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Is it just a matter of not being able to dissipate heat at the rate it is generated? If you run at 5800 for too long but your temperatures stay green then what is the effect on the engine? I do not plan to attempt it but I am curious to know for the sake of understanding.

  • Re: What is the precise reason for the 5 minute limit at 5800?

    by » 4 months ago


    I am not a Rotax design engineer so do not know the reason for the limit...However

    Not all temperatures in the engine are measured. After over 100 years we still do not have a reliable way of directly measuring Piston temps. Often ICE engines are limited by this, melting a piston is not a good thing. Keeping Pistons cool is difficult, spraying oil onto the bottom of them is one method, cooling the inlet charge with water/ethanol injection is another. Ceramic or Carbon pistons have been tried but are very expensive and difficult to make.

    Secondy as "heat soak" increases so does problems like pre-vapourisation and Detonation.

    In the end Engineers usually set a reasonably conservative operational advice so you "may" get away with longer without problems...or may not. In an Aircraft it is usually best to follow the advice.

    If you want higher take off performance lighten the load and go on a diet ! I have recently lost 20lbs and the difference is noticable !

     


    Thank you said by: Bill Hertzel, , Andrew Dunning

  • Re: What is the precise reason for the 5 minute limit at 5800?

    by » 4 months ago


    Thanks!


  • Re: What is the precise reason for the 5 minute limit at 5800?

    by » 4 months ago


    An engine can only take so many rpm's and stress caused by them. So the engine Mfg's early on probably tested their engine to destruction and they run them for hundreds and thousands of hours. Then you wouldn't want to sell an aircraft engine that goes right to a destructive state for the public. So the Mfg has to find an rpm that and engine can safely run at and then since our engine reliability can mean life or death then a safety factor is also added in to reduce the rom, but still make the engine develope a good strong workable engine, rpm and HP. Could your engine take more, yes, but you'd be foolish to risk engine destruction just for a few more rpm that won't give you that much more gain. Plus you then risk an $189K engine and possible injury or death for you or people on the ground.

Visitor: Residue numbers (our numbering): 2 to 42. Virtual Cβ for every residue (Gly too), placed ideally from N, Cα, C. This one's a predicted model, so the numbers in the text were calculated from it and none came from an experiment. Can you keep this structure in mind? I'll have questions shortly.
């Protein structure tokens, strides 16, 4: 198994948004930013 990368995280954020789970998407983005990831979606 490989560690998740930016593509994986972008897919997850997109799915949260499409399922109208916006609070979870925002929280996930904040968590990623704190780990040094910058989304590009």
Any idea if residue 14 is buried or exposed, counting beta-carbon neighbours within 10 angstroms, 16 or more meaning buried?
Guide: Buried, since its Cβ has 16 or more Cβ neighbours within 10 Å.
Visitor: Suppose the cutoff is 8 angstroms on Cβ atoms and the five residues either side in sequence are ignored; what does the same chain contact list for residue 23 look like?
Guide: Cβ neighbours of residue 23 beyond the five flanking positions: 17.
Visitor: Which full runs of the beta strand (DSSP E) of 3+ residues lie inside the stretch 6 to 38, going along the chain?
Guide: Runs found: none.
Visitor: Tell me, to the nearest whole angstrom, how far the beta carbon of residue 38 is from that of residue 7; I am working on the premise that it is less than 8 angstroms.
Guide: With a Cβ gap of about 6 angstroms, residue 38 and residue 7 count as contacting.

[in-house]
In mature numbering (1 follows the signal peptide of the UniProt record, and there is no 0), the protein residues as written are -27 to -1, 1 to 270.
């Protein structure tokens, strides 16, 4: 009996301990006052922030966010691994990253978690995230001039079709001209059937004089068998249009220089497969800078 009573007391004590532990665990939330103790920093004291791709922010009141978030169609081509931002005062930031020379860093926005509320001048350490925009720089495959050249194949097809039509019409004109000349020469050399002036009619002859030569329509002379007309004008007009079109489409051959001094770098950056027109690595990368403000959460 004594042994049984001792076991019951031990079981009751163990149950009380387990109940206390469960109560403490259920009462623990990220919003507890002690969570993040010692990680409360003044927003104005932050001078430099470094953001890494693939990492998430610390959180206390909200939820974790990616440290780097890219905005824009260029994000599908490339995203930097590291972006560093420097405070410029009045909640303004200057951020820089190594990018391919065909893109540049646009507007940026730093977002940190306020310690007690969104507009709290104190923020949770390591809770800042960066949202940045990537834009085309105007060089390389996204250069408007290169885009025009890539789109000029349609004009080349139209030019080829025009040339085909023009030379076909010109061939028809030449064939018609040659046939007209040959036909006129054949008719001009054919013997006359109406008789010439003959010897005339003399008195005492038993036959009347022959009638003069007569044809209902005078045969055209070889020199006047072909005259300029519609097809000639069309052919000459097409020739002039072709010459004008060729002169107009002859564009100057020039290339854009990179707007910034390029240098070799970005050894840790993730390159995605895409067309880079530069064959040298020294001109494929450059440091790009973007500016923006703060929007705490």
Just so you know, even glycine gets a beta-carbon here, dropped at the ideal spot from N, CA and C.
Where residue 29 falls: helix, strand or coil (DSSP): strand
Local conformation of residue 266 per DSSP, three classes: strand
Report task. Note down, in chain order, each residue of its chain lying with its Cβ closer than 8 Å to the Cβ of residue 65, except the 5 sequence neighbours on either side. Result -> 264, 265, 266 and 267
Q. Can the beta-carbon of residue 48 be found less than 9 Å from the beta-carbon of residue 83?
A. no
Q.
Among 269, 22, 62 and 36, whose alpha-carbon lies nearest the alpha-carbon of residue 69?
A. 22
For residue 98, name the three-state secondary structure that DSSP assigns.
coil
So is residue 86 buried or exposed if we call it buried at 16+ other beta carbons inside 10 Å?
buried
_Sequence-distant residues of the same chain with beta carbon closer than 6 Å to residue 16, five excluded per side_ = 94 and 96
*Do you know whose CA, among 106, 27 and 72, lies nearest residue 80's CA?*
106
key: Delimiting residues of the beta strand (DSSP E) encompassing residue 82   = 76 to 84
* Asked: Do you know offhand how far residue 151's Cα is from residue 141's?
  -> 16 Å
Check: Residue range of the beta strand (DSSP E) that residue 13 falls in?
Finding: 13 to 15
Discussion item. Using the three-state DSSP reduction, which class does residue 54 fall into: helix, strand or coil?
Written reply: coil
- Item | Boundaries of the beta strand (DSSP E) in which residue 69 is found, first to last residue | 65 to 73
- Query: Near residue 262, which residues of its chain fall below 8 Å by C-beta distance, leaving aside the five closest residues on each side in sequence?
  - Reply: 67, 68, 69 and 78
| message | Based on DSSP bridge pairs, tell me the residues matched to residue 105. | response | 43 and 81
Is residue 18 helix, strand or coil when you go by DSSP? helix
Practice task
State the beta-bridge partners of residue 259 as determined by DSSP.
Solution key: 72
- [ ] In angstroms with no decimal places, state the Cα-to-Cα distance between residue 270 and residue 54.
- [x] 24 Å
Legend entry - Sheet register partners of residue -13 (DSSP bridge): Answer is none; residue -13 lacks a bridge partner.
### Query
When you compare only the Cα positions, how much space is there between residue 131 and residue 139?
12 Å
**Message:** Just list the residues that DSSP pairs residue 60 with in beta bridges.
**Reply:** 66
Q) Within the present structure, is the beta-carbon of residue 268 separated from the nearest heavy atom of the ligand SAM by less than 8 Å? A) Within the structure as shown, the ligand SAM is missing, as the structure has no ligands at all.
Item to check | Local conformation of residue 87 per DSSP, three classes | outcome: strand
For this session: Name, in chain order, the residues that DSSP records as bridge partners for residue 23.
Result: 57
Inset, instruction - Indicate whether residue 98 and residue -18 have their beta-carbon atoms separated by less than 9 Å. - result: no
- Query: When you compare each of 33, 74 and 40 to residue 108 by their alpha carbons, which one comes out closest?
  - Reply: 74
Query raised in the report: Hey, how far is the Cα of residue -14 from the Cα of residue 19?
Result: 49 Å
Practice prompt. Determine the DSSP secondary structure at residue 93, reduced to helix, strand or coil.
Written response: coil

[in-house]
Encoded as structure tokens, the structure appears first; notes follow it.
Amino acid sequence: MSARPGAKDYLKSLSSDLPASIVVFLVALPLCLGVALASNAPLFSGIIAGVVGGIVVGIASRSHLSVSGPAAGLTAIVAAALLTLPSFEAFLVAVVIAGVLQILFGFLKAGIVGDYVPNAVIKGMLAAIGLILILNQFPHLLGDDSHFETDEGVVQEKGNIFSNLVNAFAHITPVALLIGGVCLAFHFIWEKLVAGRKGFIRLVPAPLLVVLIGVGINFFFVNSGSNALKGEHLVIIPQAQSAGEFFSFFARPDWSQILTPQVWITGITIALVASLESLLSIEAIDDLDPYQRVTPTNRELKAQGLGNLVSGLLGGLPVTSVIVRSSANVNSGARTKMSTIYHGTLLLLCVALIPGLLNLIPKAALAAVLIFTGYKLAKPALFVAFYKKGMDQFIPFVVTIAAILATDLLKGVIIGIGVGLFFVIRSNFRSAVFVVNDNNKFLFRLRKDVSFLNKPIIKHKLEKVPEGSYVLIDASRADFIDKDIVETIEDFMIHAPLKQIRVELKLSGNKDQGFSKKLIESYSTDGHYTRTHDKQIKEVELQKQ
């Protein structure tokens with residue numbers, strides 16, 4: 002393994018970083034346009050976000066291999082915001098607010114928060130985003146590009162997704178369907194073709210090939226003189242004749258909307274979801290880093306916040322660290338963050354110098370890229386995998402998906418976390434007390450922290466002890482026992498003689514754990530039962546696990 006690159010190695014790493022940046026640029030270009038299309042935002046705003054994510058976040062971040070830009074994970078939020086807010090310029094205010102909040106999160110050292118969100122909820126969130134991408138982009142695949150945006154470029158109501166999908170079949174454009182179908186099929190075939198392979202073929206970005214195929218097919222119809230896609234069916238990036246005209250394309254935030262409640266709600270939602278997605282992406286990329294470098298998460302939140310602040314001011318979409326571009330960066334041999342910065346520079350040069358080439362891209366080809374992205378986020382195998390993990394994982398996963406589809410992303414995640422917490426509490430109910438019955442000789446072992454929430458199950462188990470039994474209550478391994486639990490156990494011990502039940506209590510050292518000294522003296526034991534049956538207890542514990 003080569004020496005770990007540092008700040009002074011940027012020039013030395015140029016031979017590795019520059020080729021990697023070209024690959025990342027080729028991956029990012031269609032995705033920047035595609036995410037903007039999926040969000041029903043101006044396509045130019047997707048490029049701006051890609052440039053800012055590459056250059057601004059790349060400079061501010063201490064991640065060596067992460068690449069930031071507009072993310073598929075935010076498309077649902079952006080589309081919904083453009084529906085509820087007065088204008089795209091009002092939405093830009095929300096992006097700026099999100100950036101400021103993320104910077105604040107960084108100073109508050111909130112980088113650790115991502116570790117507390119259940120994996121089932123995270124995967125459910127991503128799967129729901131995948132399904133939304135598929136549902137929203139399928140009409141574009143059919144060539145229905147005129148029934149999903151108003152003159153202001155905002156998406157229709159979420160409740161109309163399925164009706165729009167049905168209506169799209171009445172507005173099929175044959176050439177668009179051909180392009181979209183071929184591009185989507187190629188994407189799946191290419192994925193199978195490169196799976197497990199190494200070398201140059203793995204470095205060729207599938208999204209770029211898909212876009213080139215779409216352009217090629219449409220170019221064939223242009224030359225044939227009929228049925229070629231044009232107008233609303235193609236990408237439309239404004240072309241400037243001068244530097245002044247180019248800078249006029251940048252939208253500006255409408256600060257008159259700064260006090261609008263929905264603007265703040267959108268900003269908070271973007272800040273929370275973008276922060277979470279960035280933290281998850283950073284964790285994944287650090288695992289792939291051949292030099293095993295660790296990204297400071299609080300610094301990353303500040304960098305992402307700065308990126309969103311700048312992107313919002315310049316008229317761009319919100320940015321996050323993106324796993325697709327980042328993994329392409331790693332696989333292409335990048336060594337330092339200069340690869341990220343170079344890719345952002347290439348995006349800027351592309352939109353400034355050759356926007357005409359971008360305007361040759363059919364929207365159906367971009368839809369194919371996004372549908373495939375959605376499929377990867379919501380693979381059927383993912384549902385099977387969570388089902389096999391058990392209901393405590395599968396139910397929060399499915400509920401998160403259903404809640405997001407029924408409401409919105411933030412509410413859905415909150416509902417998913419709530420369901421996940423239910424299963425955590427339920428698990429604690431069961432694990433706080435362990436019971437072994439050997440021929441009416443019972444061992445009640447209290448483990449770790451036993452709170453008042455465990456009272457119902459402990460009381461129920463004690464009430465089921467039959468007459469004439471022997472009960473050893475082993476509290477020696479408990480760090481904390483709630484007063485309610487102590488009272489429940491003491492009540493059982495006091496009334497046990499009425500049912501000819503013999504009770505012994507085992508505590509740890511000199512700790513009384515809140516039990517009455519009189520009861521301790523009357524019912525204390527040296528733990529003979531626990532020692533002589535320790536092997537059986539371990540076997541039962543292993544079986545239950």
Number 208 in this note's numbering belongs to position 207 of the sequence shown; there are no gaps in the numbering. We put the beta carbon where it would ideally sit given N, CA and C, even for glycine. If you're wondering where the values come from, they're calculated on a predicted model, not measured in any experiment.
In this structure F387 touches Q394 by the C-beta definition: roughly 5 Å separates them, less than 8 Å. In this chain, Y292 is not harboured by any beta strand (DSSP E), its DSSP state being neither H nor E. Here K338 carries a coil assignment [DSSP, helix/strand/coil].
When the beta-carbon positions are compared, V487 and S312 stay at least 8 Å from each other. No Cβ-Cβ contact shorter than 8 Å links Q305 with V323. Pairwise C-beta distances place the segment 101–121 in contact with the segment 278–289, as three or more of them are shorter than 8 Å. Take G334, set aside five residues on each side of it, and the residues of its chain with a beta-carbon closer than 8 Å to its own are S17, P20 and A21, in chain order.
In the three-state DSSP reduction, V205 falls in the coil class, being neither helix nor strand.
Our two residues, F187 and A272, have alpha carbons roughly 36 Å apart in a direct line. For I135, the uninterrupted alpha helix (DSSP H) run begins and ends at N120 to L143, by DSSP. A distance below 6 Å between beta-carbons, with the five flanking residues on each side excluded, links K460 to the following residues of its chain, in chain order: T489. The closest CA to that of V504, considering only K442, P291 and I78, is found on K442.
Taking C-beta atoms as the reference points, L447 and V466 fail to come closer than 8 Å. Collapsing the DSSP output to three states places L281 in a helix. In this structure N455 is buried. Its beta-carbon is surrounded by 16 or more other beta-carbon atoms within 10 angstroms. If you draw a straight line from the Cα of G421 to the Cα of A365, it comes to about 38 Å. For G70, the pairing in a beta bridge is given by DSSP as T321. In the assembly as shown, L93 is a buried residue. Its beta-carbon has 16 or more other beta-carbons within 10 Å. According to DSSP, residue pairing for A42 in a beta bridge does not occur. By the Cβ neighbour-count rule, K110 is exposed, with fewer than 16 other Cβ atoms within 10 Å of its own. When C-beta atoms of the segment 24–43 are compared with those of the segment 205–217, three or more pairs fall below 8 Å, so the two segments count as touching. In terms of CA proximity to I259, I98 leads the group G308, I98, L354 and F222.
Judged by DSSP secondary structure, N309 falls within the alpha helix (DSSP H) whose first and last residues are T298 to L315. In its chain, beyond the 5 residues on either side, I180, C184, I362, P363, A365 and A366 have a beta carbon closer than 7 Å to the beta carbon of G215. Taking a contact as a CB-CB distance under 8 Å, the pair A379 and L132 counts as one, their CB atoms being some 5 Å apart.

Trying to get more rpm would be a foolish endeavor not to mention you'd have to deal with prop issues.. 


    Roger Lee
    LSRM-A & Rotax Instructor & Rotax IRC
    Tucson, AZ Ryan Airfield (KRYN)
    520-349-7056 Cell


  • Re: What is the precise reason for the 5 minute limit at 5800?

    by » 4 months ago


    Roger Lee wrote:

    An engine can only take so many rpm's and stress caused by them. So the engine Mfg's early on probably tested their engine to destruction and they run them for hundreds and thousands of hours. Then you wouldn't want to sell an aircraft engine that goes right to a destructive state for the public. So the Mfg has to find an rpm that and engine can safely run at and then since our engine reliability can mean life or death then a safety factor is also added in to reduce the rom, but still make the engine develope a good strong workable engine, rpm and HP. Could your engine take more, yes, but you'd be foolish to risk engine destruction just for a few more rpm that won't give you that much more gain. Plus you then risk an $189K engine and possible injury or death for you or people on the ground. 

    Trying to get more rpm would be a foolish endeavor not to mention you'd have to deal with prop issues.. 

    I am talking about the 5500 max continuous limit not the redline at 5800.

    I was just curious but not trying to force my engine to do more than it is meant to.


  • Re: What is the precise reason for the 5 minute limit at 5800?

    by » 4 months ago


    The 5500 max continuios is fine. Rotax has tested this and so have many users for decades. They have a safety cushion in their numbers. Like many Mfg's that's to keep reliability and longevity and keep people from losing their engine. All engine Mfg's have safety and liability limts designed for their engine.


    Roger Lee
    LSRM-A & Rotax Instructor & Rotax IRC
    Tucson, AZ Ryan Airfield (KRYN)
    520-349-7056 Cell


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